“Well there’s this older gentleman with whitish hair standing between the two of you with a big smile. Maybe he’s going to help us find Peter.” Whoever he is, he joins Brie and I as we hop in the car for the ride over to their lake.

The lake is small, partially populated, much of it wild.
There are about 25 cottages on the north and west sides. The remainder is natural – and much of that undeveloped part is Brie’s – it’s part of the farm. The police are out in their boats, and there is a cottage cordoned off, being used as the police encampment and staging area.

We park the car at the end of the road and walk to the south side of the lake – an absolutely beautiful hike – near the crest of a hill, in mixed forest. The trail takes us down a steep ravine towards the marshy area of the lake where the police have not searched yet. As I am walking on the hiking trail, I’m picking up that Peter wants his body to be found.

We follow along a stream, the lake’s inlet, down towards a small point of land by the water. At this point, Brie asks to stay behind – she doesn’t want to go to the shoreline. I think she may be worried about encountering a body. The thought doesn’t bother me in the least. The white haired man is still with me.

My view focuses on an outcropping of rocks in the water by the far shore and I get the strong impression Peter had been there. But is his body there? I don’t feel it’s so.The police boats are past the rocks. Then my attention is drawn to a boulder sticking out of the water opposite from the rock outcrop, the boulder surrounded by reeds and fish are jumping around it. These rock formations are all visible from the other side of the lake where the police are searching.

A tall younger man appears.
I don’t know if it’s Peter but I surmise it is. He’s with me for only a moment. The white-haired man is telling me to touch the huge log that’s lying on the shoreline and juts out into the water in that lush marsh. I touch the green mossy log. I feel as though I am meant to stay here. Then I get the feeling I am supposed to act like a beacon to call the police boat over.

As I am thinking that and then start sending messages for the police boat to come this way, the police boat makes a sharp turn and heads towards our end of the lake. Brie comes up behind me – she has watched the boat make the abrupt turn and head towards us. She says,”I was wondering if you willed that boat over”. I tell her it felt that way and added, “There’s something about this log, although I’m not sure what. This man is telling me to touch the log. There was another younger man here but he’s vanished.”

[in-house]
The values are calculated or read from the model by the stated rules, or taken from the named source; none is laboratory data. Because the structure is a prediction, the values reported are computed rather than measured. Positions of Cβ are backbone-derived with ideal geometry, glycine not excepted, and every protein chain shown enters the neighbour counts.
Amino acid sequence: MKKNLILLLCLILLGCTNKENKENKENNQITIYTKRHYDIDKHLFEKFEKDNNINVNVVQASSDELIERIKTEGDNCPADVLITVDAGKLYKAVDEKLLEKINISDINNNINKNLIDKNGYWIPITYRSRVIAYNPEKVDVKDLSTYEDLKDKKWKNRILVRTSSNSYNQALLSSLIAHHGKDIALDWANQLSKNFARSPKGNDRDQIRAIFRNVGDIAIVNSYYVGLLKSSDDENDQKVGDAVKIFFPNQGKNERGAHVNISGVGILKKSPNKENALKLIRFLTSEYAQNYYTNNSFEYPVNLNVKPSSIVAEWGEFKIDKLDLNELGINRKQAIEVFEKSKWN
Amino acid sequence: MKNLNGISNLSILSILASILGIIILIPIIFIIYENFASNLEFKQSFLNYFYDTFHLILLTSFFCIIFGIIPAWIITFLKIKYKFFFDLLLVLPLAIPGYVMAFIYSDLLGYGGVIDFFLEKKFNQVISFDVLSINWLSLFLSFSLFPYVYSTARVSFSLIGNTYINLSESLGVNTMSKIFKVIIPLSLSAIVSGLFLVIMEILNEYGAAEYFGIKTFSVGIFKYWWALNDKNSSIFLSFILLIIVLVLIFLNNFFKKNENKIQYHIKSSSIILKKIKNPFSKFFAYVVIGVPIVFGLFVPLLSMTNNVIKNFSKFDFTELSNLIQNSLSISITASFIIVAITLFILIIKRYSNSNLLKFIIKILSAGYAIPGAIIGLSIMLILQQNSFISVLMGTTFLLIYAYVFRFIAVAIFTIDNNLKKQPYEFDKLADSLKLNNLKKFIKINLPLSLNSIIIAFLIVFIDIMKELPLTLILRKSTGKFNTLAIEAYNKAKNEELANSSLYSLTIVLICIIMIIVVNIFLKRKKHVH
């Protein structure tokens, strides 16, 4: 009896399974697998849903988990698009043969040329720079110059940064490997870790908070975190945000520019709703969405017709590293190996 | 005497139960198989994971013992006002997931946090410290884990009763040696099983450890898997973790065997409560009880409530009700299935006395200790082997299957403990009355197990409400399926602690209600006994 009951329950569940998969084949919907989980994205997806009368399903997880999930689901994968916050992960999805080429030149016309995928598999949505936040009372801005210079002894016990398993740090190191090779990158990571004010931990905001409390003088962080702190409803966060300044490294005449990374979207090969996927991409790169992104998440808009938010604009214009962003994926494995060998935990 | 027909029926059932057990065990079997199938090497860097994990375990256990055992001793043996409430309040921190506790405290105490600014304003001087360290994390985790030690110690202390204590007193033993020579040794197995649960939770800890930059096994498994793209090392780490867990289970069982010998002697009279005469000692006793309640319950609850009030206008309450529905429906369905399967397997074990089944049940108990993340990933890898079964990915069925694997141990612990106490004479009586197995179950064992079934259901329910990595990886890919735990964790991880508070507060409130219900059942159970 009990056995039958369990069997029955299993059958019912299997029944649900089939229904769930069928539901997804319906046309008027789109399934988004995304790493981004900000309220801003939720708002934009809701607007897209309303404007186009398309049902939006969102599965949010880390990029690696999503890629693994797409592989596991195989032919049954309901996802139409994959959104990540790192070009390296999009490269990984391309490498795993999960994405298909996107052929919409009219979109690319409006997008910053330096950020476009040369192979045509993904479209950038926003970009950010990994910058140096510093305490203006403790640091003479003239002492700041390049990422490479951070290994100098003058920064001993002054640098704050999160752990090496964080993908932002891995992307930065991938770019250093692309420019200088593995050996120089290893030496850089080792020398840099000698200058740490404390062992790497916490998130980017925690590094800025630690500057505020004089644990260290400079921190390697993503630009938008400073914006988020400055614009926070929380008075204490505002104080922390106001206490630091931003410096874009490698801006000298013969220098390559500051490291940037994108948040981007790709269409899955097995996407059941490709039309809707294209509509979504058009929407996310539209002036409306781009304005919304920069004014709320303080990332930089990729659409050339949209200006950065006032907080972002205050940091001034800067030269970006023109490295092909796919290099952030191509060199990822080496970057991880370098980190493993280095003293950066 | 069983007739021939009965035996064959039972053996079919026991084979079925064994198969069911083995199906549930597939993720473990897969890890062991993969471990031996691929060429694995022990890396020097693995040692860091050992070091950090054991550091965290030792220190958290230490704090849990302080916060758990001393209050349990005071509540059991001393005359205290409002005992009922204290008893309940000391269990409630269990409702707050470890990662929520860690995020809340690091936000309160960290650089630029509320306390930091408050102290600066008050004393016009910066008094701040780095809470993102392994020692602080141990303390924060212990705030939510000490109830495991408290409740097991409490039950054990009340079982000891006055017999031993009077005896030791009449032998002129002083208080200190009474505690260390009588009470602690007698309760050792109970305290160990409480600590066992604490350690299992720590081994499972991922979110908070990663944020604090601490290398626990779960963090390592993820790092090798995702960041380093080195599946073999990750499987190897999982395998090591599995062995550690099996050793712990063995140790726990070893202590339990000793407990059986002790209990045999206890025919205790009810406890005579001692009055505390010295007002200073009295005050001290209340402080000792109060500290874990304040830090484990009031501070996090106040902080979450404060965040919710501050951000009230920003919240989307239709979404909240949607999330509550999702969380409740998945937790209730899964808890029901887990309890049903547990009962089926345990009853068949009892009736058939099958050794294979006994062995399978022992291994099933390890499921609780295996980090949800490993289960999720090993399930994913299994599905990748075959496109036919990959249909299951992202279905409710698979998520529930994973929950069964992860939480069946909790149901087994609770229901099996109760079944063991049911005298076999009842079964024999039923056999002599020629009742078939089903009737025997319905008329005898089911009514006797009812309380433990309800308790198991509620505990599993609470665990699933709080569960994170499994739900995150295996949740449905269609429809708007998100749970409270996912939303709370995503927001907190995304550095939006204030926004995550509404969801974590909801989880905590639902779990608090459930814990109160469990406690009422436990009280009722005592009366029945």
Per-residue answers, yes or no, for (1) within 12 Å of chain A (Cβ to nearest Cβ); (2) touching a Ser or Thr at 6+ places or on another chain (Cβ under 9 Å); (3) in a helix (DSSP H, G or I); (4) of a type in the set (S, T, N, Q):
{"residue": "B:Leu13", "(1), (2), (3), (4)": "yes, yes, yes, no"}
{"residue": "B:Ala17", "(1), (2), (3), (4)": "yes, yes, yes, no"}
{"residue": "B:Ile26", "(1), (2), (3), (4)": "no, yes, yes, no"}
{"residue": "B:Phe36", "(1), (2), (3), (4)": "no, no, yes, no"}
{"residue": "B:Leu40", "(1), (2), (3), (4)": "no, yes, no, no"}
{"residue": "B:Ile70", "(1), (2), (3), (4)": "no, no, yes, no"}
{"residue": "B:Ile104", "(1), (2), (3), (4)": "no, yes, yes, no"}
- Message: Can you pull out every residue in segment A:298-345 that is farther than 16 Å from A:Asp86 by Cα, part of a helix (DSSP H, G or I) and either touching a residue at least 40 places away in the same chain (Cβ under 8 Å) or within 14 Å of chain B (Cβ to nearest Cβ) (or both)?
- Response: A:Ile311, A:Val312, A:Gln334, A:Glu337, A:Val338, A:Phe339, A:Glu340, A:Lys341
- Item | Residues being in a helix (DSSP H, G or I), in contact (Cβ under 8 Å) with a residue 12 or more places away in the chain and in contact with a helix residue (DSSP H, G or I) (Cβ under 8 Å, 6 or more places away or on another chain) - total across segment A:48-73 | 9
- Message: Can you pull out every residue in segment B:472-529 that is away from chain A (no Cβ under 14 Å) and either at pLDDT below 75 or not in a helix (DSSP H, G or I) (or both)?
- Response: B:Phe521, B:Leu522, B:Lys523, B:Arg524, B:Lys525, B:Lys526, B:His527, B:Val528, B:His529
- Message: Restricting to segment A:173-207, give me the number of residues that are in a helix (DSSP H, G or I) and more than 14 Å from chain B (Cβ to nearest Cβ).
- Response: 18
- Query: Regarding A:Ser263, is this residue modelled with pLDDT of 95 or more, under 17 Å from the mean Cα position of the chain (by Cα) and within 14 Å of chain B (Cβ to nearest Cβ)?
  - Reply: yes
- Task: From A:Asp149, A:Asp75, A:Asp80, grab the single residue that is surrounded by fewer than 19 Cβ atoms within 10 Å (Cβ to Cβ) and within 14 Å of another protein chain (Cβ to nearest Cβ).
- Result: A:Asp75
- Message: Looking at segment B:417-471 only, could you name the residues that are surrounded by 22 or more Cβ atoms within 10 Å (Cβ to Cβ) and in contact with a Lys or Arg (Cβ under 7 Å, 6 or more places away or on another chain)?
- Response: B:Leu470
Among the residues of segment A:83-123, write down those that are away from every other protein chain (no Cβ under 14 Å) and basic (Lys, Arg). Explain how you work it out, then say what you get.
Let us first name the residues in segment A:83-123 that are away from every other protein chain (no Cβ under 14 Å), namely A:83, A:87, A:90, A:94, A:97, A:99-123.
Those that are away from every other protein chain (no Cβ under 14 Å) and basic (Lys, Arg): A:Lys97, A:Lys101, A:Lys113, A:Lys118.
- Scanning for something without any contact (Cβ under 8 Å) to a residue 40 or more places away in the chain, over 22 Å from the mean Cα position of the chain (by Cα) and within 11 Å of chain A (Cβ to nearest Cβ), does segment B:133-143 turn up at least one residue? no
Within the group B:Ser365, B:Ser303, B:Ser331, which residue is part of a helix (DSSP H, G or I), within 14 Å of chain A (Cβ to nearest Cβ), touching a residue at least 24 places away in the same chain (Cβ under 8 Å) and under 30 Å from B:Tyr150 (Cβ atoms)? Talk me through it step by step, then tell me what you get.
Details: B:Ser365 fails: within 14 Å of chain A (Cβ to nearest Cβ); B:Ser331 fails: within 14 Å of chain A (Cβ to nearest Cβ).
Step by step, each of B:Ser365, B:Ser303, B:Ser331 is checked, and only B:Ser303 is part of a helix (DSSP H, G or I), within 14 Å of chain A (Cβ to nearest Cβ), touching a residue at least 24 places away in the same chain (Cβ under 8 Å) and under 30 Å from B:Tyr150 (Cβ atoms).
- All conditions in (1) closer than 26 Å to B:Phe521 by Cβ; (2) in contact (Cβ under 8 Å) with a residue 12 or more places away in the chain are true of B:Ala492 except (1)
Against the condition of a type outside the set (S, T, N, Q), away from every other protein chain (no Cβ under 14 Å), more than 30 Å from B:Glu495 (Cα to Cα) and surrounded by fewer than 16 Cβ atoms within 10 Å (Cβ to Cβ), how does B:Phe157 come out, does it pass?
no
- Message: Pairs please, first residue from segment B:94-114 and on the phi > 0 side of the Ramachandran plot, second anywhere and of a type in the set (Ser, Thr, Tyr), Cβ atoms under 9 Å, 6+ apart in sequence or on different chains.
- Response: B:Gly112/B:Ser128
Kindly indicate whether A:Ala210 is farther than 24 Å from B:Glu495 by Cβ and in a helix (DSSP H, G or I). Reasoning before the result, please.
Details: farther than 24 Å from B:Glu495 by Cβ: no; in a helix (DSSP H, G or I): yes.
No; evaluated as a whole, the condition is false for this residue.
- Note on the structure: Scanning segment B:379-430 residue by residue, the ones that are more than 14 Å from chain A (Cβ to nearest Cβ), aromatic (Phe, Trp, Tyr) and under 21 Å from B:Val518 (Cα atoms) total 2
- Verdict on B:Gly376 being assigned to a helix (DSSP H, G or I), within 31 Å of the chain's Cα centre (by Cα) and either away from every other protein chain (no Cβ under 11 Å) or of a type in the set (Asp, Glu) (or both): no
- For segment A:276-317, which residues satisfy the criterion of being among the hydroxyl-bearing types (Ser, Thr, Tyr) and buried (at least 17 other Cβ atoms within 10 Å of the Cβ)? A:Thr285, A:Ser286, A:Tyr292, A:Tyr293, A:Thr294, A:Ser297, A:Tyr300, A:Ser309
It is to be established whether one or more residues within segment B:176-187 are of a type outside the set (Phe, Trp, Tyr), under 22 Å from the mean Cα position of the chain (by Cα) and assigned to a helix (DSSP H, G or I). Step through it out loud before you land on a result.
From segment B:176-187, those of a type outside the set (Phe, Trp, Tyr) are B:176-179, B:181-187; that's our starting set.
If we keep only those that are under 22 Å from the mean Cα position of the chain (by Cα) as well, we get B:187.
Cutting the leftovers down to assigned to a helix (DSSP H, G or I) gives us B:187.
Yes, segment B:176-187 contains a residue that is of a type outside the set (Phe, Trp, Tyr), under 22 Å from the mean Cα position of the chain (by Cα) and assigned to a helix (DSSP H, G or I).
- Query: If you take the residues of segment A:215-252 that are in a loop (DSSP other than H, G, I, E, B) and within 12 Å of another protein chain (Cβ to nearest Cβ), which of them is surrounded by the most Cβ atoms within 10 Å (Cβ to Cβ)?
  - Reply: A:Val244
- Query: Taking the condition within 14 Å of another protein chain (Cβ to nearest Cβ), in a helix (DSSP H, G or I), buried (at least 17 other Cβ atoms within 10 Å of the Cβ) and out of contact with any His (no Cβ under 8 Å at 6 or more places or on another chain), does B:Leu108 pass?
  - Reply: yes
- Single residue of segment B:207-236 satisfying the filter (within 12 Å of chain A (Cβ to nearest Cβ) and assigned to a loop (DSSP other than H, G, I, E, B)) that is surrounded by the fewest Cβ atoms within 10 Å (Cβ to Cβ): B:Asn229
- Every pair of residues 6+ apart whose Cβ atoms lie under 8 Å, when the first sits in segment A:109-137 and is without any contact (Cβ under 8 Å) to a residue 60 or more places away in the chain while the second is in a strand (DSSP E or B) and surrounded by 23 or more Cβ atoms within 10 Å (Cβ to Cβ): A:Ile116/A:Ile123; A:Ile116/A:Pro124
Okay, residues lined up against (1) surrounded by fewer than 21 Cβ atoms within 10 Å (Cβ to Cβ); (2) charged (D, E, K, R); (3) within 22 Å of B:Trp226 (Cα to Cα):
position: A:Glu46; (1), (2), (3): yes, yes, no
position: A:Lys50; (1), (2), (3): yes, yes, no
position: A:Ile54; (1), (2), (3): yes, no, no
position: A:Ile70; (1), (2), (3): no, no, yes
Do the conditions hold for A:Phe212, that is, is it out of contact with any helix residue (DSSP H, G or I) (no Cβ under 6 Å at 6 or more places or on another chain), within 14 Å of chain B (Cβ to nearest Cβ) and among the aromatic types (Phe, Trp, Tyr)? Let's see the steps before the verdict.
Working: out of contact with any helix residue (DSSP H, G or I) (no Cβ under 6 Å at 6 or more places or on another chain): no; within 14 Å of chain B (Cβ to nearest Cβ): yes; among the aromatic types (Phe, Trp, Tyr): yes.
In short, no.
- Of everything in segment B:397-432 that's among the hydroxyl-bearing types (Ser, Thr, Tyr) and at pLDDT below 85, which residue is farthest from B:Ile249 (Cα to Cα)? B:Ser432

I remind Brie that finding dead bodies is not my forte. Helping people communicate with Spirit is – so this new endeavor feels strange to me. The signs are not clear.

The police boat floats in close to us – as close as it can get in shallow marsh – and the policeman asks me if everything is okay. I ask him if he’s checked this part of the lake and he says no, there’s protocol in searching for a body. They are going through the search grid. I say I understand and wave him off.

I am not sure if the body is where we are.
The fuzzy information I’m picking up is throwing me off.  Maybe I’m being shown that Peter could see these rocks from where he stood at Brie’s dock.  I have to stay open to guidance.  There’s more information but I’m not getting it here.   I look behind me.

This boggy point of land is like a garden. It’s wild but there is symmetry, organization, to the placement of jewel weed, wild snap dragon, irises, jack-in-the-pulpits, ferns, moss and some very unusual plants that I’ve never seen before. I can feel that the police have been here on the land, and then Brie finds foot prints. There are also clean rocks thrown in the water – no moss or algae on them.  Grass on it’s side in places. People have  been here recently and have left a subtle disruption.

I tell Brie this older man is still with us.
She’s trying to place him. Maybe he’s the neighbor who died in December? He loved the lake. If he were alive, he would be helping out right now. Maybe he IS helping now. My description of him makes Brie think it’s probably him.

As we hike back to the car, Brie recalls how Peter was talking to her daughter about University last weekend. Her daughter told Peter she’s a really good writer and wants to be a journalist. Peter said “Wow! That’s so great that you know what you are good at. I think I am good at one thing – seeing beauty.”

I begin to understand a bit more why Peter wanted to go off the medication: It makes everything dull and flat. Hard to see beauty when it’s being intentionally suppressed – and if that’s your gift and you can’t use it, what’s life for?

Brie’s cottage neighbor George is waiting for us back at the car. He tells us he’s been watching us from his deck. What were we doing? What was I pointing at? What did the police say? I don’t know this man but he’s acting a bit on the “untethered” side.

George says he was at his cottage the night of Peter’s disappearance.